Gallery owners, the art of conviviality
For its third edition this weekend at the Carreau du Temple, GALERISTES, a show designed by and for collectors, confirms its position as a friendly and accessible contemporary art fair.
Galeriste, a human-sized show, favours exchanges with gallery owners and artists, a conviviality reinforced by the scenographic approach
Upsetting the classic fair codes of closed “white cubes” stands, GALERISTES invites visitors to stroll around in an open space dressed in metal structures reminiscent of the museum’s storerooms. The drawers and picture racks are full of surprises, they push and encourage the visitor to curiosity and exchange. The thirty or so gallery owners attached to the notion of smugglers in their profession present living creation in all its diversity
Some nuggets are revealed during this artistic walk. The Provost Hacker gallery presents a ceramist Davide Monaldi who reproduces simple and delicate objects such as these sharpened chips from coloured pencils, a pile of rubber bands… It also offers Adrien Belgrand‘s hyper-realistic paintings, which look like photographs. In the same spirit, Katarzyna Wiesiotek (Eric Dupont Gallery), a young student at the Beaux Arts de Paris, offers portraits made with charcoal powder, reproductions of photographs that are more real than life. The shadows are soft and delicate. The texture of the skin sublimated by this powder
The sator gallery presents a fine selection of works by Raphaël Denis. In 2015, the artist began work on the plundered paintings and works destroyed by the Nazis. He then proposed burned frames on which the names of the destroyed works “resisted”. He uses it around the autodafés and now presents a burnt library, a dark work whose plastic beauty is astonishing. Continuing his subject around wars, he also shows mini bunkers, war witnesses, which collapse, broken and buried war axes… All presented in a remarkable scenography.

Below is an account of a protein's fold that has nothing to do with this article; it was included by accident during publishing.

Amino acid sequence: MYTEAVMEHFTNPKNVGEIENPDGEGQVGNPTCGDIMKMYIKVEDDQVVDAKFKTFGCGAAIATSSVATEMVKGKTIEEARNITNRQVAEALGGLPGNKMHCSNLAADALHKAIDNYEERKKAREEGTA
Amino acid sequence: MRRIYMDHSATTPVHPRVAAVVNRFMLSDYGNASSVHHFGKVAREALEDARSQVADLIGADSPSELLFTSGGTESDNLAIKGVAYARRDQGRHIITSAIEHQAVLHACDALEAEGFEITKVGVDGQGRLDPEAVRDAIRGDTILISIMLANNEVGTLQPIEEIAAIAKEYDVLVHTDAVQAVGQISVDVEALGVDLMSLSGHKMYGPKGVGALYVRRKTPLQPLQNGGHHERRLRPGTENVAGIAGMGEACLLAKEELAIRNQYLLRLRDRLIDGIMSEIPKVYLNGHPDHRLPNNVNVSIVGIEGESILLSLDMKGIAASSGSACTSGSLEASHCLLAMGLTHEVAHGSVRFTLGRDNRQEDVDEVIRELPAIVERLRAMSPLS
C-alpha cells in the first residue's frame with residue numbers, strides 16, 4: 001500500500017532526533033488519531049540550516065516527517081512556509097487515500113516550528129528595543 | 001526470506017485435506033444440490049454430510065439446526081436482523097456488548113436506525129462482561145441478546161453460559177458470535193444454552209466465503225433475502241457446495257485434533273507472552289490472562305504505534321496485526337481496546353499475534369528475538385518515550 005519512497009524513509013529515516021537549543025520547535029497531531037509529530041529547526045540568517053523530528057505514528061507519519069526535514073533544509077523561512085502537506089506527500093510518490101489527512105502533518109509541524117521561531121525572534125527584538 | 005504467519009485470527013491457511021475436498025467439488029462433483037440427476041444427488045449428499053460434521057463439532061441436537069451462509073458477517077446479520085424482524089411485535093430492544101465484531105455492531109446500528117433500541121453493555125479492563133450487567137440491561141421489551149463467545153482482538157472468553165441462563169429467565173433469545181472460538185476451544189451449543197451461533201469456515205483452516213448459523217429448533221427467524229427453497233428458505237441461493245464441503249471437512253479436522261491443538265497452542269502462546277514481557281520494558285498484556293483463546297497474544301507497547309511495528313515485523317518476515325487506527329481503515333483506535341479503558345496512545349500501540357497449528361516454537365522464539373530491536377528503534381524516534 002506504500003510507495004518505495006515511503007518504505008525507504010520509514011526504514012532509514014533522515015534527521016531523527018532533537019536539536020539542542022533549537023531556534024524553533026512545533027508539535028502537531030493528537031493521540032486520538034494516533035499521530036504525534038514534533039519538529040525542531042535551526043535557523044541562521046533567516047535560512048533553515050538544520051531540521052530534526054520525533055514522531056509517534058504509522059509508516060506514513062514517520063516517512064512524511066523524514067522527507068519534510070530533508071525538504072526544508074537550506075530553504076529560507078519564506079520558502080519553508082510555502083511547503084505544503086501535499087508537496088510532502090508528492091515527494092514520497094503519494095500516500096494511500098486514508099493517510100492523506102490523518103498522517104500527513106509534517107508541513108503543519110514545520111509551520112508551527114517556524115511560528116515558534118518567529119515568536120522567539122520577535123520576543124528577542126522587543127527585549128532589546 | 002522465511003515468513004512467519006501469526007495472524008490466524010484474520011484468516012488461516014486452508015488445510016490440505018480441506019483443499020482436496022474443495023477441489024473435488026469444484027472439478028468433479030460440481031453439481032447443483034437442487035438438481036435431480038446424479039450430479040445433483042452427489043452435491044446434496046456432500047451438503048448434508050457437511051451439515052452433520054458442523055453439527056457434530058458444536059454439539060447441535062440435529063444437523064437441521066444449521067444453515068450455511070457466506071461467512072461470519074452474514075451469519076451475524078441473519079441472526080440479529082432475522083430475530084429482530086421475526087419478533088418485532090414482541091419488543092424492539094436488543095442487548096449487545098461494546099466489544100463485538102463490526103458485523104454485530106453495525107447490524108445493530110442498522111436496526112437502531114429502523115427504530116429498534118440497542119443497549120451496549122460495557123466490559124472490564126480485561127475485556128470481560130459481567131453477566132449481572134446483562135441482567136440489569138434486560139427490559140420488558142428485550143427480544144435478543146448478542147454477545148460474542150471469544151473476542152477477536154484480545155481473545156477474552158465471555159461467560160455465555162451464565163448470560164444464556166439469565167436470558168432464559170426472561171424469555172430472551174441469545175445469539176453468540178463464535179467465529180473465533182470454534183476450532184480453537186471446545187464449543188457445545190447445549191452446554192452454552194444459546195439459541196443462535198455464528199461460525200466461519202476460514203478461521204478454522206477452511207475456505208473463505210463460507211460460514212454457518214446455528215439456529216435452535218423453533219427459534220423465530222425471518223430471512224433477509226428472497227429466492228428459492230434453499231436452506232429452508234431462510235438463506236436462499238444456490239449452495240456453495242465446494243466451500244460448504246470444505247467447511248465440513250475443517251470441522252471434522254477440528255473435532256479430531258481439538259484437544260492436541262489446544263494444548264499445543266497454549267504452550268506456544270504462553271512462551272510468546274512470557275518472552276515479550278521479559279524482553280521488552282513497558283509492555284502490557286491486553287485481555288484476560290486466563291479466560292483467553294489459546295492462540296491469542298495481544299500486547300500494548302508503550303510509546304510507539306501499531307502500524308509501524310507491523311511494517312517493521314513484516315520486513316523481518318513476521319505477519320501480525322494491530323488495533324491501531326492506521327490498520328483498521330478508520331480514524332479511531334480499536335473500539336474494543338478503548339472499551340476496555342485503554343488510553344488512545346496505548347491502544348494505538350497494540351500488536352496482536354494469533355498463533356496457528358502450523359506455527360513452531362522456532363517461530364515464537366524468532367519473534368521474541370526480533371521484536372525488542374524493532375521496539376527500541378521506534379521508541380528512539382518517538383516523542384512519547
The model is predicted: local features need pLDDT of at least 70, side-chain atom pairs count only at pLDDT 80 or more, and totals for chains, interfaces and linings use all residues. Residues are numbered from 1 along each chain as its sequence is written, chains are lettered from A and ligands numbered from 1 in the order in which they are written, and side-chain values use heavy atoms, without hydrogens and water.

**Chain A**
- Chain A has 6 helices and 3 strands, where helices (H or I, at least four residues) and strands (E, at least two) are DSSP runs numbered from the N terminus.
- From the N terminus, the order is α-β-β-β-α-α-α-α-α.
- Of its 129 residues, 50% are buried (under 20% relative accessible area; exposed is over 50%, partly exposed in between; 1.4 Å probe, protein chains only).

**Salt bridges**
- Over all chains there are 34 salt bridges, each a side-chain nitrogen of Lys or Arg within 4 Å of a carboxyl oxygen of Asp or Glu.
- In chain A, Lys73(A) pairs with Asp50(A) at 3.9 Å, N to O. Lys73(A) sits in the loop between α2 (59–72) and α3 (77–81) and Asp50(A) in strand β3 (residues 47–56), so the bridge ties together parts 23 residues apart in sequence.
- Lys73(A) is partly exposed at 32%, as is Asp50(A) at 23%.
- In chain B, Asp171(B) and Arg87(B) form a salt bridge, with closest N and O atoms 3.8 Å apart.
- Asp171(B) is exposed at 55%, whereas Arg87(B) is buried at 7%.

The most spectacular is offered by the Eric Mouchet gallery, which presents a duo show with two emerging artists. Samir Mougas offers a series of sculptures and silkscreen prints on pool materials. The sculptures are elements of a blue cut-out swimming pool enhanced with black parts, fuel tanks for motorized vehicles. This series addresses the issues of over-consumption of water and fossil energy. The other artist, Capucine Vever, is interested in the mobility of the magnetic pole. In this way, it attempts to restore consistency to this invisible territory defined by the displacement of the magnetic pole. The works are made with magnetic steel pieces aggregated in the shape of a giant needle like clocks. Another monumental work, this huge ball of steel wool that symbolizes the roses of Jericho, those desert plants that spend the long dry season in the form of a dried bush that re-grows when in contact with water. Legend has it that they detach and let themselves be swayed by the winds until they find a suitable ground to replant their roots in contact with the water.
Nov 30 – Dec 2, 2018
The Temple Floor
4 rue Eugène Spuller
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